Nick turned down a street and stopped. A house blocked the rest of the road. We parked under a bedroom window.

Even though we knew we could simply enter the information blindly (The houses in this area . . . ), we tried to walk the block. “See this house right here?” Nick pointed with a wave of the map. “OK, 1203. I think this one is in the right place. But see this one next to it? See the number, 944? OK . . . I think that house comes from that street over there,” he said, pointing. “Damn. This is messed up.”

We walked. We took pictures. We skirted around houses that blocked our path. And, in time, Nick announced that we were lost. We had only walked around the block, we thought, but in reality there was no block to walk. A block calls for clear streets, a clear grid to follow. With houses blocking these streets, we had had to snake around more times than I could count.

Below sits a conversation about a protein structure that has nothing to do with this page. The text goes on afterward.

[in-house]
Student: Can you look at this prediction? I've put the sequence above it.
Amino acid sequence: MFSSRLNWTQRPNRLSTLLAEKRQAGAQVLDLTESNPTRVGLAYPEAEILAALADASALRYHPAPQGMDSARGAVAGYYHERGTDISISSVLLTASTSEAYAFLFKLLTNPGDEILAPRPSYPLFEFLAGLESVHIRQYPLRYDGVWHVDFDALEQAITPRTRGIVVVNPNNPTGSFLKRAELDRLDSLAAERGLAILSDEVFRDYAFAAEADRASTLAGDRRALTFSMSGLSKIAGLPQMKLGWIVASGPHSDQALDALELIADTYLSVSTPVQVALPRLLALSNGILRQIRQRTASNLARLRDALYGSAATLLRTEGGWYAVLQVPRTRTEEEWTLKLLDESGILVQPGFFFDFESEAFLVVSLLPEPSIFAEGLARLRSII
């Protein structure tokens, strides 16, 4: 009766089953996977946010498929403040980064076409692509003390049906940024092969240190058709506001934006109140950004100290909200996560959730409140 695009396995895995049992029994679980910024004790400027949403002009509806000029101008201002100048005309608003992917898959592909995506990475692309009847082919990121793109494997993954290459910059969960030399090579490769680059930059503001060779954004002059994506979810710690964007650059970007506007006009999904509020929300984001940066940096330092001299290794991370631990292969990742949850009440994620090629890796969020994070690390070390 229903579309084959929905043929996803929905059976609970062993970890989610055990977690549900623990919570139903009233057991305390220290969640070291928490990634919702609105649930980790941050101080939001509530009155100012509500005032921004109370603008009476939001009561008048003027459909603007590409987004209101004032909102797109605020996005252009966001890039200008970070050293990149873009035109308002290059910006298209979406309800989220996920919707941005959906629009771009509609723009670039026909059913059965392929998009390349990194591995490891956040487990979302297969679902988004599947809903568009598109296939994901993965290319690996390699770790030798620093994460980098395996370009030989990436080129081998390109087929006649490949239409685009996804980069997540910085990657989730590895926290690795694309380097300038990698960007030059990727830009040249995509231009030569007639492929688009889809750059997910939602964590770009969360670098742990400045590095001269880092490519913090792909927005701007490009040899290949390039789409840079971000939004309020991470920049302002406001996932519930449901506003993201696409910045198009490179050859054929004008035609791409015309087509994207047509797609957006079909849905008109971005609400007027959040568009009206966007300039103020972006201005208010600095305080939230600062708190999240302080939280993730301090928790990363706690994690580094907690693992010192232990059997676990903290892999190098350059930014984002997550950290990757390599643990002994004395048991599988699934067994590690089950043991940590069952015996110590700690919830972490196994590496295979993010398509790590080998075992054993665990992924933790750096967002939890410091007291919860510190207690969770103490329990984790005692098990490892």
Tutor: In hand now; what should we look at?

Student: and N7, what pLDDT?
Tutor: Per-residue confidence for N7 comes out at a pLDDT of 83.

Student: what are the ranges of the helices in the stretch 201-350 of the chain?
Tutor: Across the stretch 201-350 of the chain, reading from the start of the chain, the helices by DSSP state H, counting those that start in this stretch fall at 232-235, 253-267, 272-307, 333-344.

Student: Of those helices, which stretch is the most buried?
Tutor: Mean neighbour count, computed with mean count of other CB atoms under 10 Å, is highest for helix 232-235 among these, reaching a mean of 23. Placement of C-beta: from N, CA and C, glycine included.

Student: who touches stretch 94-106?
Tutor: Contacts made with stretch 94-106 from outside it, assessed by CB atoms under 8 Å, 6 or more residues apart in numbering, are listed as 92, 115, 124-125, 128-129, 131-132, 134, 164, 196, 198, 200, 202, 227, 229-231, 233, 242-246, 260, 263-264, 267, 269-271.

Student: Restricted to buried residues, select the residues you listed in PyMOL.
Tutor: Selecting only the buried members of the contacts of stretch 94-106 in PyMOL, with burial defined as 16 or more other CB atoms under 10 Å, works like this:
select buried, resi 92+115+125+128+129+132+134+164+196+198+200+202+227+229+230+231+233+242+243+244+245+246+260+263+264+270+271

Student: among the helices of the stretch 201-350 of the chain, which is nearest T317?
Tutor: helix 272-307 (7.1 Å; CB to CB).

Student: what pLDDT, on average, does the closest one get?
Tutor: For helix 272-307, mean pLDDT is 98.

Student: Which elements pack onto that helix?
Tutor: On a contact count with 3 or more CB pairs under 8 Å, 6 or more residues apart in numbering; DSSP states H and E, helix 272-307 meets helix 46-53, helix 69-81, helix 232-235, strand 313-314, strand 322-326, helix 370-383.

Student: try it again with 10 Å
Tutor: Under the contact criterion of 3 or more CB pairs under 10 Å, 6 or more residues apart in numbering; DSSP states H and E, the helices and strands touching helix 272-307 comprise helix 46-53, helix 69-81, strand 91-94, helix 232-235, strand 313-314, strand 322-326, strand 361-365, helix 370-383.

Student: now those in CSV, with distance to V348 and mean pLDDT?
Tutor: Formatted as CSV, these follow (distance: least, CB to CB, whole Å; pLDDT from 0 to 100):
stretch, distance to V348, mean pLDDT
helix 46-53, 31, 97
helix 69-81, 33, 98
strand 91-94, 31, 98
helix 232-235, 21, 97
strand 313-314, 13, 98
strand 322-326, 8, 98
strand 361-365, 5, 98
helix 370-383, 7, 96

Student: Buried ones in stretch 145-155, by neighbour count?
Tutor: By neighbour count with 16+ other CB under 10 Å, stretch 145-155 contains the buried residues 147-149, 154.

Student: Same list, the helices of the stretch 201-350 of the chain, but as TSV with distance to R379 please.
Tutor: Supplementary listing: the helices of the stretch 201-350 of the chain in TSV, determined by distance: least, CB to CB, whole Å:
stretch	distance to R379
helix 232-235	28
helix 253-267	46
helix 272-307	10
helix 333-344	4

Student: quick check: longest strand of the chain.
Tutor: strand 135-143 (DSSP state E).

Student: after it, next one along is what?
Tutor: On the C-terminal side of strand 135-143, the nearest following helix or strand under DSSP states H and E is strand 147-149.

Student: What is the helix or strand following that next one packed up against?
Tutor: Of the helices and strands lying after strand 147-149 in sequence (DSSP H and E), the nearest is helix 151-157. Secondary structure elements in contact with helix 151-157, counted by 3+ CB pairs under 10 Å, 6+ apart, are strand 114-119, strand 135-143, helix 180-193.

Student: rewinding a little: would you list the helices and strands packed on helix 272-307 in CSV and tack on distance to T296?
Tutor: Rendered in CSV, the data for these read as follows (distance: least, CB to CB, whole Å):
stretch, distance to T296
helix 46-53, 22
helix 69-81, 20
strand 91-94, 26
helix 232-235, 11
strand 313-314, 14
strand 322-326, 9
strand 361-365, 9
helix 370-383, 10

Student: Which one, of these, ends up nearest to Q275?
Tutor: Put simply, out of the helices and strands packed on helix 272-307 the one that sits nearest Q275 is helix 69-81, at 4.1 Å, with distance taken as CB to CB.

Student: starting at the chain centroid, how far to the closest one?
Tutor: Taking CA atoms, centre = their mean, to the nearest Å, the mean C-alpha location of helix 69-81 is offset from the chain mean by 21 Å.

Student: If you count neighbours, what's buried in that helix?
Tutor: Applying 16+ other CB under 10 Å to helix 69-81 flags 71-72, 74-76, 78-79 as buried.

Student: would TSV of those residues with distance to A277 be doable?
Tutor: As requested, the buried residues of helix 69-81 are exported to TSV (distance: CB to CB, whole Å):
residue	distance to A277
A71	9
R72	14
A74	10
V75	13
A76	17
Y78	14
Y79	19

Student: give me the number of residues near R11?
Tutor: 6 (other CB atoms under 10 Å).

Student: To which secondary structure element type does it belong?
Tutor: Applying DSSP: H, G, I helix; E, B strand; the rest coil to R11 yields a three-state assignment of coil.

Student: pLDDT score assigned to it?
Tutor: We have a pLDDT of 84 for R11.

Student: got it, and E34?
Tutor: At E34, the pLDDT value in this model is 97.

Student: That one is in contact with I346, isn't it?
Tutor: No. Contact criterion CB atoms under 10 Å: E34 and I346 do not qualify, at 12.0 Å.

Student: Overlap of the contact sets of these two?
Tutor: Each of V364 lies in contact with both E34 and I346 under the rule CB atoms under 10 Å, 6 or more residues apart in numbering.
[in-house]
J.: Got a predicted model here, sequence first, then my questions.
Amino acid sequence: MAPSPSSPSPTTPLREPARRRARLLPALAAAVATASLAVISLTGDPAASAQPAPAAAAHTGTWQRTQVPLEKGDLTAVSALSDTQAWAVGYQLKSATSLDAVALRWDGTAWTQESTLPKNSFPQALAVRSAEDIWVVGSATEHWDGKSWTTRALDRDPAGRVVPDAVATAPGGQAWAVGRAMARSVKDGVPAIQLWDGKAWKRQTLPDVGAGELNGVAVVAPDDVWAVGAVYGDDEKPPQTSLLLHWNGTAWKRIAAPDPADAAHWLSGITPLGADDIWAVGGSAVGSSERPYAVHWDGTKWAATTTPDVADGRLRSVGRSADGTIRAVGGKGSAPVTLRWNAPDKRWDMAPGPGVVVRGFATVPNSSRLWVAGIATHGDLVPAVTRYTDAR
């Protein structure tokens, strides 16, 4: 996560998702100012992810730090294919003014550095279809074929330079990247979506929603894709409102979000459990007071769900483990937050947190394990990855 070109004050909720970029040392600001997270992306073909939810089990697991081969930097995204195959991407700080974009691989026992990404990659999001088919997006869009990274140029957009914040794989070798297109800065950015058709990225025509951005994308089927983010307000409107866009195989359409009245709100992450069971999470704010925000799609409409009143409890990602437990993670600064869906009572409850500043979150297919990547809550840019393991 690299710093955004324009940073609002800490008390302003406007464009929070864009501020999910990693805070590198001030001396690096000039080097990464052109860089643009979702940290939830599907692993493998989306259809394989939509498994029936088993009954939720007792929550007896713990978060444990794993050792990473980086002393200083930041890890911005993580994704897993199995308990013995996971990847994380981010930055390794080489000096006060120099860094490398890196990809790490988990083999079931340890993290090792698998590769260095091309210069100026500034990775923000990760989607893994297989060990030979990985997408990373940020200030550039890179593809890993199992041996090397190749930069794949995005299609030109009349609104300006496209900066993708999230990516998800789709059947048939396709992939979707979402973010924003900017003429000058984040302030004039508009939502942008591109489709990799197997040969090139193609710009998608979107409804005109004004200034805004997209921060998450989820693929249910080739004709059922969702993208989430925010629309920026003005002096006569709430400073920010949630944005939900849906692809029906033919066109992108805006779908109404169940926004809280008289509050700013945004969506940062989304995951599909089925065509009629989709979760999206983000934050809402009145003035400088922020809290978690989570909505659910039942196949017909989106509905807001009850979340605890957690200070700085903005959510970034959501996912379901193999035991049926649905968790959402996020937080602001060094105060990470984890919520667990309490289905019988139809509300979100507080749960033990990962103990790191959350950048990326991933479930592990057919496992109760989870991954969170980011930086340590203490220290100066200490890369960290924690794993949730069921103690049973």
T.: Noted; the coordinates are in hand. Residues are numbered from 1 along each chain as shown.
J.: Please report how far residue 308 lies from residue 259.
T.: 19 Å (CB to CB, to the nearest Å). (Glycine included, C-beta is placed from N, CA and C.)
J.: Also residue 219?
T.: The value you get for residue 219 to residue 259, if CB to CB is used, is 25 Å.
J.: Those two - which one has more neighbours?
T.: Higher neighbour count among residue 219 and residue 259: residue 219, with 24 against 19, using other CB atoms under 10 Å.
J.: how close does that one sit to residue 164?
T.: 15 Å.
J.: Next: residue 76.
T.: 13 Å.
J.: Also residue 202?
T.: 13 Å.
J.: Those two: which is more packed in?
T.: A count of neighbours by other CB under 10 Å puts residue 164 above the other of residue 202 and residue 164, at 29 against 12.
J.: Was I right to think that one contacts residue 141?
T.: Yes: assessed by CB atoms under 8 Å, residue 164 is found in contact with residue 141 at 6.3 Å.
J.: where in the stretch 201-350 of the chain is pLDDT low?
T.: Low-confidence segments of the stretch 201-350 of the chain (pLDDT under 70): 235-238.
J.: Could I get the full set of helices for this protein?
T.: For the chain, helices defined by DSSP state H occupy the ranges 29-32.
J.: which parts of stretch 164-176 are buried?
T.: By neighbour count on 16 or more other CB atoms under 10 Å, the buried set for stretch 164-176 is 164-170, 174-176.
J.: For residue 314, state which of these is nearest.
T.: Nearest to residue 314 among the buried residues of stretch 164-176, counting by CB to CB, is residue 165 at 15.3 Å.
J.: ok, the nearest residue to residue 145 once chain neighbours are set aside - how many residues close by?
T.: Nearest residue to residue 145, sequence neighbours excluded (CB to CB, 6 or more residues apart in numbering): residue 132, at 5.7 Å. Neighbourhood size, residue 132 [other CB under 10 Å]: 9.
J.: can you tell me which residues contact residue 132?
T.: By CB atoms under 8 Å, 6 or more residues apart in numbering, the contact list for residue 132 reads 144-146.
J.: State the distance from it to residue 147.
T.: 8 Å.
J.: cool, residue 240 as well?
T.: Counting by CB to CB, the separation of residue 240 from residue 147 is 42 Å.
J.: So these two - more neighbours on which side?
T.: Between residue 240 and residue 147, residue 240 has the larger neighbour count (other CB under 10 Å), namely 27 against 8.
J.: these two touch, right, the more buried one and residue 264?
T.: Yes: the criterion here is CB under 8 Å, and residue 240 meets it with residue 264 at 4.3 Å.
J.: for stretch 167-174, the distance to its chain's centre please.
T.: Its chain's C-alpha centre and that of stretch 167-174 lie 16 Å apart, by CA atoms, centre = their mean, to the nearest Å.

I looked at the gray sky. It was getting late in the afternoon. We did not know how long it would be until we lost light.

“Well, we can split up and call each other . . . ,” I started.

He stopped me. “I left my phone in the car.”

I looked at him. I looked around. I couldn’t think.

“Look, stay here,” Nick said. “I’ll walk this way and see if I recognize anything.” He walked off. “And don’t go nowhere!” he yelled over his shoulder.

Cars: Not every car left behind was in working order or able to withstand the hours spent stock-still, in the heat of August, in gridlocked evacuation traffic.